Reference:  Vinten-Johansen, Peter, Howard Brody, Nigel Paneth, Stephen Rachman and Michael Rip. Cholera, Chloroform, and the Science of Medicine. New York:Oxford University, 2003, 292-4, 310, 316-317.

Reconstruction of the 1900 Hurricane making landfall at Galveston

September 8, 1900: On this date, a Category Four hurricane struck Galveston, Texas, and destroyed, among other things, the drinking water system for the city.  The storm surge killed between 6,000 and 12,000 people, making it the deadliest natural disaster ever to hit the United States. Basic water service was not restored until September 12, 1900.

Commentary: If you ever visit Galveston, go to the museum devoted to the hurricane. It is hard to comprehend the devastation and loss of life caused by this natural disaster.

September 7, 1854: Dr. John Snow Convinces Board to Remove Pump Handle

Broadwick [formerly, Broad] Street showing the John Snow memorial and public house.

September 7, 1854:  The St. James Board of Governors and Directors of the Poor was convinced by Dr. John Snow that the Broad Street pump was the source of a cholera epidemic in a London neighborhood.  The Board ordered the removal of the pump handle preventing a continuation of the epidemic.  Incredibly, public protests resulted in the replacement of the pump handle on September 26, 1855.  The Broad Street well was not permanently taken out of service until the cholera epidemic of 1866.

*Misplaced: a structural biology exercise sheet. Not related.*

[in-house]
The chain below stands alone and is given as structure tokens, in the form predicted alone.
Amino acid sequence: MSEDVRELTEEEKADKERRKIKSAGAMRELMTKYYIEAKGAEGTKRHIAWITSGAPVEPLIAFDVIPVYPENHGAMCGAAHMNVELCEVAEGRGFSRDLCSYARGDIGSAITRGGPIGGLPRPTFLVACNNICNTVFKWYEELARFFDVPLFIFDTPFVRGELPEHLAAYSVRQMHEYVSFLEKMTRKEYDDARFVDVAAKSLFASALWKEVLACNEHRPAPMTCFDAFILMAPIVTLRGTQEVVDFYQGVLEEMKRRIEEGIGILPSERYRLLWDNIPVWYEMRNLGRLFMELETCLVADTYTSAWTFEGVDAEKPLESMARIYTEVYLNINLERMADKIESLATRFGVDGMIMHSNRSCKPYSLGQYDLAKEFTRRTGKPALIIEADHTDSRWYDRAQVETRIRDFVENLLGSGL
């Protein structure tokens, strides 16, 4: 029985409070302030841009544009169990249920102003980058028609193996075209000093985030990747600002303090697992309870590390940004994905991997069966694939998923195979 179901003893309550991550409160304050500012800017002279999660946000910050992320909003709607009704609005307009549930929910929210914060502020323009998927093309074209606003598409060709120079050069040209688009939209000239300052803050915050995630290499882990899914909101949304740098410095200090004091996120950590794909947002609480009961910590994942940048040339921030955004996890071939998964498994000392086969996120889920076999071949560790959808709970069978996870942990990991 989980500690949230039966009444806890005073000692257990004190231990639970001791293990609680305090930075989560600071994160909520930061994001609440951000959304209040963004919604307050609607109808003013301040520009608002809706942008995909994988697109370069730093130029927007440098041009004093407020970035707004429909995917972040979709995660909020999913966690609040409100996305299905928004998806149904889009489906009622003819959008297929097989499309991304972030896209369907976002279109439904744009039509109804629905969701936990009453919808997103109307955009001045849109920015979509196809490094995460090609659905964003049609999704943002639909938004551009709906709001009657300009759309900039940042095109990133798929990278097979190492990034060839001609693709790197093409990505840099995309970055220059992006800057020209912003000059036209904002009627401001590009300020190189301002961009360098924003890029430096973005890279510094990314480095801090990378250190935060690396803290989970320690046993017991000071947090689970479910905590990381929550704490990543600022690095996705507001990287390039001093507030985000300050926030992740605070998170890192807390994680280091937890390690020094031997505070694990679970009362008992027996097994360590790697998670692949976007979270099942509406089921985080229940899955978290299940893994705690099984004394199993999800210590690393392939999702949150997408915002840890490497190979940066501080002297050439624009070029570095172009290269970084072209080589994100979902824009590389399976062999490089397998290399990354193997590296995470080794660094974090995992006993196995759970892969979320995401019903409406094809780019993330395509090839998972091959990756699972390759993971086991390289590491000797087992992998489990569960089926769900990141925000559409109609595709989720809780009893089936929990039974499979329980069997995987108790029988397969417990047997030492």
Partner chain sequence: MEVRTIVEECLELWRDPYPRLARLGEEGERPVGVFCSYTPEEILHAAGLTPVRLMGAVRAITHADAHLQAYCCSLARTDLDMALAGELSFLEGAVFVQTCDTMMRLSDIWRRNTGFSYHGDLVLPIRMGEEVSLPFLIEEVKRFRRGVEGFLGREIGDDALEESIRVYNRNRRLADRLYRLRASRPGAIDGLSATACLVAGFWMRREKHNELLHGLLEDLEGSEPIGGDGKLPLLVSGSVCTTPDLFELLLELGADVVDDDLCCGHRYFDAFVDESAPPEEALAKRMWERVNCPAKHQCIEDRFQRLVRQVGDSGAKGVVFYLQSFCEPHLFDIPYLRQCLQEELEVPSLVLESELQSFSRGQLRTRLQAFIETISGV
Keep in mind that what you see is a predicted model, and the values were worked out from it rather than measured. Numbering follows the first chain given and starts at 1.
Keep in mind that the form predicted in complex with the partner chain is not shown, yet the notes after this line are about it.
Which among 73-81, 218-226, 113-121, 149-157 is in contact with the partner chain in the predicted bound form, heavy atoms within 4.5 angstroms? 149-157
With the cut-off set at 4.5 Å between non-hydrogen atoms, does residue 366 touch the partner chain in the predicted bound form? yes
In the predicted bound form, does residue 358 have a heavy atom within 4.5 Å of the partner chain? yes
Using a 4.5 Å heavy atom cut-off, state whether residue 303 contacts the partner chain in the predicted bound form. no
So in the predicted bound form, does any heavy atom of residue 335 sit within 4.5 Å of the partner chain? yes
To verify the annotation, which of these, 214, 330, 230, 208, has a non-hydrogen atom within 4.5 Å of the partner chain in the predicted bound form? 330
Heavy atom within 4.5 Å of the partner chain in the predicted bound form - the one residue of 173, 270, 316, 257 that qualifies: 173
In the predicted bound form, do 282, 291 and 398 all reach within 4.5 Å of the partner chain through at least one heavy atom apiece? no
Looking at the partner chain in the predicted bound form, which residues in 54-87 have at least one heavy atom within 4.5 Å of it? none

Reference:  Vinten-Johansen, Peter, Howard Brody, Nigel Paneth, Stephen Rachman and Michael Rip. Cholera, Chloroform, and the Science of Medicine. New York:Oxford University, 2003, 292-4, 310, 316-317.

September 6, 1893: Houston Water Supply Contaminated

September 6, 1893:  The Houston Daily Post ran a series of investigative articles about the Water Works Company and the pollution in Buffalo Bayou–an early surface water supply for the City of Houston, Texas. In a September 6, 1893 article, Houston Cotton Exchange officials charged that the bayou was “an immense cesspool, reeking with filth and emitting a stench of vilest character.” The newspaper noted in 1895 that a dozen privies, a smallpox graveyard, a dead cow, oil mill, and cattle yards had been sighted in the waters above the Water Works’ dam. In another article later that year, reporters wrote that cattle from the Southern Oil Mill stockyards were discovered wading in the bayou alongside decomposing cow carcasses. A drain from the mill ran directly into the bayou creating additional unsanitary conditions. “It is our opinion that the use of this water is a menace to the lives of the people of this community,” avowed the investigative reporters.

Commentary: How many dead cows per liter are allowed before a water supply can be considered unfit?

Update: With the devastation of the Houston by Hurricane Harvey in 2017, it is astonishing that water service in Houston was never lost, nor was a boil water order ever issued. Houston OBVIOUSLY made a lot of improvements in their water supply over 124 years.